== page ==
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Dexamethasone after subarachnoid hemorrhage

Current guidelines do not support the routine use of corticosteroids in patients with aneurysmal subarachnoid hemorrhage (aSAH). However, corticosteroids use in aSAH has been practiced at some centers by convention. The aim of a study was to determine the incidence of hydrocephalus requiring ventriculoperitoneal shunt (VPS) placement as well as functional outcome on discharge and adverse events attributed to corticosteroids in patients with aSAH treated with different dexamethasone (DXM) treatment schemes.

Methods: We retrospectively analyzed 206 patients with aSAH stratified to three groups based on the DXM treatment scheme: no corticosteroids, short course of DXM (S-DXM; 4 mg every 6 h for 1 day followed by a daily total dose reduction by 25% and then by 50% on last day), and long course of DXM (L-DXM; 4 mg every 6 h for 5-7 days followed by reduction by 50% every other day). The primary outcome measure was the placement of a VPS, and the secondary outcome was a good functional outcome [modified Rankin Scale (mRS) 0-3] at hospital discharge. Safety measures were the incidence of infection (pneumonia, urinary tract infection, ventriculitis, meningitis), presence of delirium, and hyperglycemia.

Results: There was no difference in the rate of external ventricular drain (EVD) (p = 0.164) and VPS placement (p = 0.792), nor in the rate of good outcome (p = 0.928) among three defined treatment regimens. Moreover, the median duration of treatment with EVD did not differ between subjects treated with no corticosteroids, S-DXM, and L-DXM (p = 0.905), and the probability of EVD removal was similar when stratified according to treatment regimens (log-rank; p = 0.256). Patients who received L-DXM had significantly more complications as compared to patients, who received no corticosteroids or S-DXM (78.4% vs. 58.6%; p = 0.005). After adjustment, L-DXM remained independently associated with increased risk of combined adverse events (OR = 2.72; 95%CI, 1.30-5.72; p = 0.008), infection (OR = 3.45; 95%CI, 1.63-7.30; p = 0.001) and hyperglycemia (OR = 2.05; 95%CI, 1.04-4.04; p = 0.039).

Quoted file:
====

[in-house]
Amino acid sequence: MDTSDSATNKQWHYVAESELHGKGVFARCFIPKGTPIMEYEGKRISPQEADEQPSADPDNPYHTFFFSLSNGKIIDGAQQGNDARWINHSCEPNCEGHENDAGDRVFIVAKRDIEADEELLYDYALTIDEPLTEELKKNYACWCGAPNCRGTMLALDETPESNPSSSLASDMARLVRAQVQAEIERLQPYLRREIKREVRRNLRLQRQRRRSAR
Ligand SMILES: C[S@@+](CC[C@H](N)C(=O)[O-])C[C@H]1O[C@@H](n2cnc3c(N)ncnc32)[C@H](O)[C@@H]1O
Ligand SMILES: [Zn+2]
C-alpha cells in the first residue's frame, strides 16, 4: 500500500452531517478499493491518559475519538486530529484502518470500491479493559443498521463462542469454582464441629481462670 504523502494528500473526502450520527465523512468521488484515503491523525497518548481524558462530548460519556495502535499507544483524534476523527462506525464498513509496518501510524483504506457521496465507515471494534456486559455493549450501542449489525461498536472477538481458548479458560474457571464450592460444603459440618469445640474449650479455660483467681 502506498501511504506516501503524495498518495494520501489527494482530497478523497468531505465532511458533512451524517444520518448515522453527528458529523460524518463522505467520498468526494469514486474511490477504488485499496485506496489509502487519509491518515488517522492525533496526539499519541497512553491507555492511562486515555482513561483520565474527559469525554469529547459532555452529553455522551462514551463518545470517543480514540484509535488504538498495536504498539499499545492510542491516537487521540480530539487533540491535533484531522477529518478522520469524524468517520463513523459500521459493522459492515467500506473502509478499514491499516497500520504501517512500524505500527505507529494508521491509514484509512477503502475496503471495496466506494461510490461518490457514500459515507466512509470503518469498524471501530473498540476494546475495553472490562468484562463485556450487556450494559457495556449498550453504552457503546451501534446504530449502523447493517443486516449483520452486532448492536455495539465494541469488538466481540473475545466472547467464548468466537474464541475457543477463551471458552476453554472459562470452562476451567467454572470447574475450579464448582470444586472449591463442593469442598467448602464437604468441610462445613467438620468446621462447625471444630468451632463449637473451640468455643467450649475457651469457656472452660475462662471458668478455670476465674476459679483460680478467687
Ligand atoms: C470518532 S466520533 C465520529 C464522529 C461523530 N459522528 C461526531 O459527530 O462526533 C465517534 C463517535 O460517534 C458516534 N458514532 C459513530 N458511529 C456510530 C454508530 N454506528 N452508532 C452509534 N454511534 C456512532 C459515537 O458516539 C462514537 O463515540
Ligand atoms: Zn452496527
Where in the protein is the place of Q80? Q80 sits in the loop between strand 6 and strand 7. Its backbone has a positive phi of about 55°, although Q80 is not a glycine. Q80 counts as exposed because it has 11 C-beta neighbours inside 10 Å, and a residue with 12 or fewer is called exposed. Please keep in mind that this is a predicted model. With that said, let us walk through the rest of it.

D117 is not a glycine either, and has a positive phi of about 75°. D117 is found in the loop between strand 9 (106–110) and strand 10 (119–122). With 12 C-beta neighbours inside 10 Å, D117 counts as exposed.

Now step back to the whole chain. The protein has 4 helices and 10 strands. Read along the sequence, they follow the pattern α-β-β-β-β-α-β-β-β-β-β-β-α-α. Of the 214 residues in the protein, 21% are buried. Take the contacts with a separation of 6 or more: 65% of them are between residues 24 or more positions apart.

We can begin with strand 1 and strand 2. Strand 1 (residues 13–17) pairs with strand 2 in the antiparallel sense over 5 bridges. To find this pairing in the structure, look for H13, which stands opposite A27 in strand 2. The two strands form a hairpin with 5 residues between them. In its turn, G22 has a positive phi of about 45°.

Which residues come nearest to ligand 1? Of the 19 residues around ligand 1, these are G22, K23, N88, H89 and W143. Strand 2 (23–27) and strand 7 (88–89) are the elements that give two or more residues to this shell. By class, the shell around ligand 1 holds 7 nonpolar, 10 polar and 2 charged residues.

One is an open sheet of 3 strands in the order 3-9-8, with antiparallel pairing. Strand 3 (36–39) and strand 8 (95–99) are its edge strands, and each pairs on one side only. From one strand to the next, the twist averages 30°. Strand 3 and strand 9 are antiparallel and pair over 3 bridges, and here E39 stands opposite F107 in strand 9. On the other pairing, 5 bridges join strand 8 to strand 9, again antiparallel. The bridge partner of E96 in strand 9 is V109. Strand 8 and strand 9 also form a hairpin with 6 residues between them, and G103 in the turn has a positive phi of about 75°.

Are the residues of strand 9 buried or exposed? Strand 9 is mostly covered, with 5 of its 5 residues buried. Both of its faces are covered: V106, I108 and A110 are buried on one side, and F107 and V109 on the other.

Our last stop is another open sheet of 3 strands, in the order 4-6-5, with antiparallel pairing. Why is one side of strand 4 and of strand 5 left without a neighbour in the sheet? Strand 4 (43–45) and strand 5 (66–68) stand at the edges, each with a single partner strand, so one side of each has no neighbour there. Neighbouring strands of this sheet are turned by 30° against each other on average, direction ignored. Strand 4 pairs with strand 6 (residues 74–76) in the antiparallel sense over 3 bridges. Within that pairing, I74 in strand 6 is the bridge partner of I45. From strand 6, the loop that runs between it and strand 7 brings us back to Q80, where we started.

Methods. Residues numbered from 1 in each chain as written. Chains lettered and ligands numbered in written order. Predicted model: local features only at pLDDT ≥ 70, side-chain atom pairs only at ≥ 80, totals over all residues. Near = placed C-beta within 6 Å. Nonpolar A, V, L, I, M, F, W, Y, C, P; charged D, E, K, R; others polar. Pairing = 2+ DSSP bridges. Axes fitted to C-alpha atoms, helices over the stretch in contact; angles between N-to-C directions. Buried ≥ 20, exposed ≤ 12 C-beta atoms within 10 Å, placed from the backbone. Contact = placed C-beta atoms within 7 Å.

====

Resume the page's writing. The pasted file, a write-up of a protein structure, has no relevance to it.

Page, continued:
Conclusions: DXM use among patients with aSAH did not relate to the rate of EVD and VPS placement, duration of EVD treatment, and functional disability at discharge but increased the risk of medical complications 1).

The role of corticosteroids in the treatment of patients with aneurysmal subarachnoid hemorrhage (SAH) has remained controversial for decades. Studies have suggested that the administration of corticosteroids in SAH patients is associated with favourable outcomes. Given their significant adverse effects, it is essential to identify those patients who will benefit from treatment with corticosteroids.

In a retrospective analysis of a prospectively collected cohort (n = 306) with SAH who were treated by microsurgical clipping or endovascular intervention was performed. The role of dexamethasone administration was analysed with regard to clinical conditions and SAH-related complications. Outcome was assessed at discharge and during follow-up using the Glasgow Outcome Scale (GOS).

Patients treated with dexamethasone presented with more episodes of hyperglycemia (P < 0.001), more overall infections (P < 0.001) and more ventriculostomy-related infections (P = 0.004). Multivariate analysis demonstrated that treatment with dexamethasone was associated with an unfavourable outcome at discharge (GOS 1-3) [odds ratio (OR) 2.814, 95% confidence interval (CI) 1.440-5.497, P = 0.002]. In the subgroup of microsurgically treated patients, dexamethasone administration was associated with a favourable outcome at follow-up (OR 0.193, 95% CI 0.06-0.621, P = 0.006). A higher risk for unfavourable outcome (OR 3.382, 95% CI 1.67-6.849, P = 0.001) at discharge was observed in endovascularly treated patients who received dexamethasone but this had no impact on the outcome at follow-up.

Treatment with dexamethasone seems to be associated with a risk reduction for an unfavourable outcome in those patients who underwent microsurgical clipping. Despite an increased frequency of adverse effects, glucocorticoids may have a potential benefit in this specific surgical subgroup compared to endovascularly treated SAH patients 2).

In a study of Feigin et al. in 2005 there was no evidence of a beneficial or adverse effect of corticosteroids in patients with either SAH or primary intracerebral haemorrhage (PICH). Confidence intervals are wide and include clinically significant effects in both directions 3).

Miller MM, Dakay K, Henninger N, et al. Association of Dexamethasone with Shunt Requirement, Early Disability, and Medical Complications in Aneurysmal Subarachnoid Hemorrhage [published online ahead of print, 2020 Aug 26]. Neurocrit Care. 2020;10.1007/s12028-020-01059-2. doi:10.1007/s12028-020-01059-2
Czorlich P, Sauvigny T, Ricklefs F, Abboud T, Nierhaus A, Vettorazzi E, Reuter DA, Regelsberger J, Westphal M, Schmidt NO. Impact of dexamethasone in patients with aneurysmal subarachnoid haemorrhage. Eur J Neurol. 2017 Apr;24(4):645-651. doi: 10.1111/ene.13265. Epub 2017 Feb 17. PubMed PMID: 28213906.
Feigin VL, Anderson N, Rinkel GJ, Algra A, van Gijn J, Bennett DA. Corticosteroids for aneurysmal subarachnoid haemorrhage and primary intracerebral haemorrhage. Cochrane Database Syst Rev. 2005 Jul 20;(3):CD004583. Review. PubMed PMID: 16034939.
dexamethasone_after_subarachnoid_hemorrhage.txt · Last modified: 2020/09/15 13:15 by administrador